Court asks automobile dealer to compensate for defective car

March 17th, 2009 - 12:39 pm ICT by IANS  

New Delhi, March 17 (IANS) A consumer court here has asked an automobile dealer to pay Rs.10,000 as compensation to a customer who was given a defective car and also refund the cost of the vehicle.
Sachin Bhaskar had booked an Opel Corsa car in 2000 and made the payment of Rs.645,478 to Regent Automobiles Ltd in Green Park. When he went to pick up the car from the dealer, he was surprised to discover defects in the car.

As per the complainant, there were numerous pinholes on the roof top and scratches all over the body. There was a big dent on the left rear portion of the car, all the ungalvanised parts including battery stand were rusty and the rubber parts attached to the bonnet were also found to be brittle.

Bhaskar refused to accept the defective vehicle but on his return to the dealer a few days later, he found that the car had already been registered in his name.

The representatives of the car dealer said they were unable to offer an alternative vehicle and could only repair the defects. Bhaskar refused and approached the consumer court.

Opposing Bhaskar’s complaint, the dealer alleged that the vehicle had been lying in the open awaiting delivery for more than three weeks on account of which tiny dirt specks had formed at one or two places. The dealer claimed that the spots could go with proper cleaning and polishing.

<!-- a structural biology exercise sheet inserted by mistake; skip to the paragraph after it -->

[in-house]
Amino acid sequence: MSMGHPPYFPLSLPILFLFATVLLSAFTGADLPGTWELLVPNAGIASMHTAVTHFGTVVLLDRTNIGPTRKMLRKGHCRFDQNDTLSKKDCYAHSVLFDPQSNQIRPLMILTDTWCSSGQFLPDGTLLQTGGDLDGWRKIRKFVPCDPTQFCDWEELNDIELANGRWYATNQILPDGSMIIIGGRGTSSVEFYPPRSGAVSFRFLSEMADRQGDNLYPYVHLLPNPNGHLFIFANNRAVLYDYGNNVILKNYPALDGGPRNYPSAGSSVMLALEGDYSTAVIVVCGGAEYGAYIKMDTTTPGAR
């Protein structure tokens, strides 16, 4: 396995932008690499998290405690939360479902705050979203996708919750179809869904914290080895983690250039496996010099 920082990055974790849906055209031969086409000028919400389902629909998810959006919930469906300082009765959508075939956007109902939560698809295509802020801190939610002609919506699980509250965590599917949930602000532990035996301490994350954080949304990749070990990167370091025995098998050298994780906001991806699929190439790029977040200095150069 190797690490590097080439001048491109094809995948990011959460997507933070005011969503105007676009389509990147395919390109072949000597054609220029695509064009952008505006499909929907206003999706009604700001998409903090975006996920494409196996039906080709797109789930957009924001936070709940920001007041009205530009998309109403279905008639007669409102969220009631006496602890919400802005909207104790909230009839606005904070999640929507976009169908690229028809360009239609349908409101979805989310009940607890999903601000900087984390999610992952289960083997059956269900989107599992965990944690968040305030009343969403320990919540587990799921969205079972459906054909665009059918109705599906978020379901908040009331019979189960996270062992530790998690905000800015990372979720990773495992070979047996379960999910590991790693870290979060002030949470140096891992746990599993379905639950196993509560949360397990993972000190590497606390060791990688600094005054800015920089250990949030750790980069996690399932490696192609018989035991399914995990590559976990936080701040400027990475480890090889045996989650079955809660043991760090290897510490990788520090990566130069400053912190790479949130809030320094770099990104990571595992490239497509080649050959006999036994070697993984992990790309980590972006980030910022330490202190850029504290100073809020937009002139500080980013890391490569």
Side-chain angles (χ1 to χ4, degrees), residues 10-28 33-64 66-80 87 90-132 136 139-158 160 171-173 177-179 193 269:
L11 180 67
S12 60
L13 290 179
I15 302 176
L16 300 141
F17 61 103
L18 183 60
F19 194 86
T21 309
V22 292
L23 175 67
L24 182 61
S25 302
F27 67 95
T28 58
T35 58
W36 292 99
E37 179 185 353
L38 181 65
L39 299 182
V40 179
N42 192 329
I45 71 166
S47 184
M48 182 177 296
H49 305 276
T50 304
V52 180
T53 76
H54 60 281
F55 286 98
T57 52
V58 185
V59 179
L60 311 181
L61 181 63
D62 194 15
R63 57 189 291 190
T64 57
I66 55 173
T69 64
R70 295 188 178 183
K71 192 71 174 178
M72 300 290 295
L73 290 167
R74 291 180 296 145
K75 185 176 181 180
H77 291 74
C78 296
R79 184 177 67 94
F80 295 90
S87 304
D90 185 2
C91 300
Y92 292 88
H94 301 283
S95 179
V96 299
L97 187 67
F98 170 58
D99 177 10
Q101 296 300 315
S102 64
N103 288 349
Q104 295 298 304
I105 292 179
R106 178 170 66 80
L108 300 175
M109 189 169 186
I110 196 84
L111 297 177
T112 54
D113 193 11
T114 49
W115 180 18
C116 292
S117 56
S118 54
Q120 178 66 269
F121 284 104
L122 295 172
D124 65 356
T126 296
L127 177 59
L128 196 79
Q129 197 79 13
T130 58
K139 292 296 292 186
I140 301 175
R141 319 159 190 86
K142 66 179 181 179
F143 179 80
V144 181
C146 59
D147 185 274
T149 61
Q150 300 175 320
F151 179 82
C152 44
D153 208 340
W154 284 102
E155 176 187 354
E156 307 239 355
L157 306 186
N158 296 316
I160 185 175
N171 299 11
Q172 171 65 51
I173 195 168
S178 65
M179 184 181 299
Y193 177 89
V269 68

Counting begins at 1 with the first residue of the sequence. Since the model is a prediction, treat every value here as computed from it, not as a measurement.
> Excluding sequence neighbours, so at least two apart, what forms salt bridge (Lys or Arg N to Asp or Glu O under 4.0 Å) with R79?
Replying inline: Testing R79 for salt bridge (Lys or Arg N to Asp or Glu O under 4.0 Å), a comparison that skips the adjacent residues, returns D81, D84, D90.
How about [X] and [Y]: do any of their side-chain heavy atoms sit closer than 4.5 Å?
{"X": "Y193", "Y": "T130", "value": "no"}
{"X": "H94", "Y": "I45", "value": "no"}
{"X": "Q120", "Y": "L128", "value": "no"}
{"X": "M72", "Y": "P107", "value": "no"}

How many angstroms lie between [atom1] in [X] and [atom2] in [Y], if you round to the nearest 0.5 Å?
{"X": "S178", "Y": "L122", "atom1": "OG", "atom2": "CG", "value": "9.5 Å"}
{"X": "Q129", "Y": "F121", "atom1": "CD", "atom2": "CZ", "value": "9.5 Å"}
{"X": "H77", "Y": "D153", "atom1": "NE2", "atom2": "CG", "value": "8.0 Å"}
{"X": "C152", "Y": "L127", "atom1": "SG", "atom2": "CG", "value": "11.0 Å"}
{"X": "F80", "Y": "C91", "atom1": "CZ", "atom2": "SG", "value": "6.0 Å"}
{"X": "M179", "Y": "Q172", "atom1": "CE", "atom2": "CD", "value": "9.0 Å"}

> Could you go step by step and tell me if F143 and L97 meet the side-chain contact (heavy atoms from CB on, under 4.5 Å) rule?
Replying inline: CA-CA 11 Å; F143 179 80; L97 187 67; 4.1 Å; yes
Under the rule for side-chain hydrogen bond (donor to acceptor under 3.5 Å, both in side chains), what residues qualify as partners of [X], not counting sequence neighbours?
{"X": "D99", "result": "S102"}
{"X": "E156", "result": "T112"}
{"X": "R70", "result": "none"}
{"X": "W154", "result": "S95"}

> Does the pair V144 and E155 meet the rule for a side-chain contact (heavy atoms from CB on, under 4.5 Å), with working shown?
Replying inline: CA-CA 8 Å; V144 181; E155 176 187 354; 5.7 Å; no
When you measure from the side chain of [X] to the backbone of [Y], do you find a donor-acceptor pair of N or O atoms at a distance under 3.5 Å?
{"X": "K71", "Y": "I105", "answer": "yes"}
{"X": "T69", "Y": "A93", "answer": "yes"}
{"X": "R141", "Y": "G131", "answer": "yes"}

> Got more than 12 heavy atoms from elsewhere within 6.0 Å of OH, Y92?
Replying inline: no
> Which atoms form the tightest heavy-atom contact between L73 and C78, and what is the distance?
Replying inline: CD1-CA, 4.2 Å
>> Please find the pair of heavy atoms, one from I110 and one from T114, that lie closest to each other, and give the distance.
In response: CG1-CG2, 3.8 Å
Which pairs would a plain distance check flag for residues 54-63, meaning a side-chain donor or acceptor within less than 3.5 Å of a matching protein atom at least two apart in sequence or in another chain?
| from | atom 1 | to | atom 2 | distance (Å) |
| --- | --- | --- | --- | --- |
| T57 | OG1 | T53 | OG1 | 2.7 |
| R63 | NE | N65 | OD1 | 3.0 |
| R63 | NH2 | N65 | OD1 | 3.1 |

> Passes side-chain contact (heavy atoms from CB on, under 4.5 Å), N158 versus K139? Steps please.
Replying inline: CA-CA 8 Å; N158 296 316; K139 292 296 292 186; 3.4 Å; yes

However, the Delhi State Consumer Disputes Redressal Commission ruled in favour of Bhaskar March 10.

“Any consumer would have refused to take delivery of such a vehicle, which on the face of it suffered from several defects. The complainant had purchased a brand new vehicle and therefore he was expected to take delivery of a brand new vehicle in brand new condition,” said Justice J.D. Kapoor.

The court asked the dealer to refund the cost of the vehicle and also asked it to pay a compensation of Rs.10,000, including cost of litigation, to the customer.

The court further stated that vehicle in question might have been used by the car dealer before delivery and it might have suffered some dents. It was pointed out by the complainant as well as he has received notices for flouting traffic rules.

“In our view, even if the defects pointed out by the complainant were not of any mechanical defect or inherent manufacturing defect but still the car had to be defect free,” said Kapoor.

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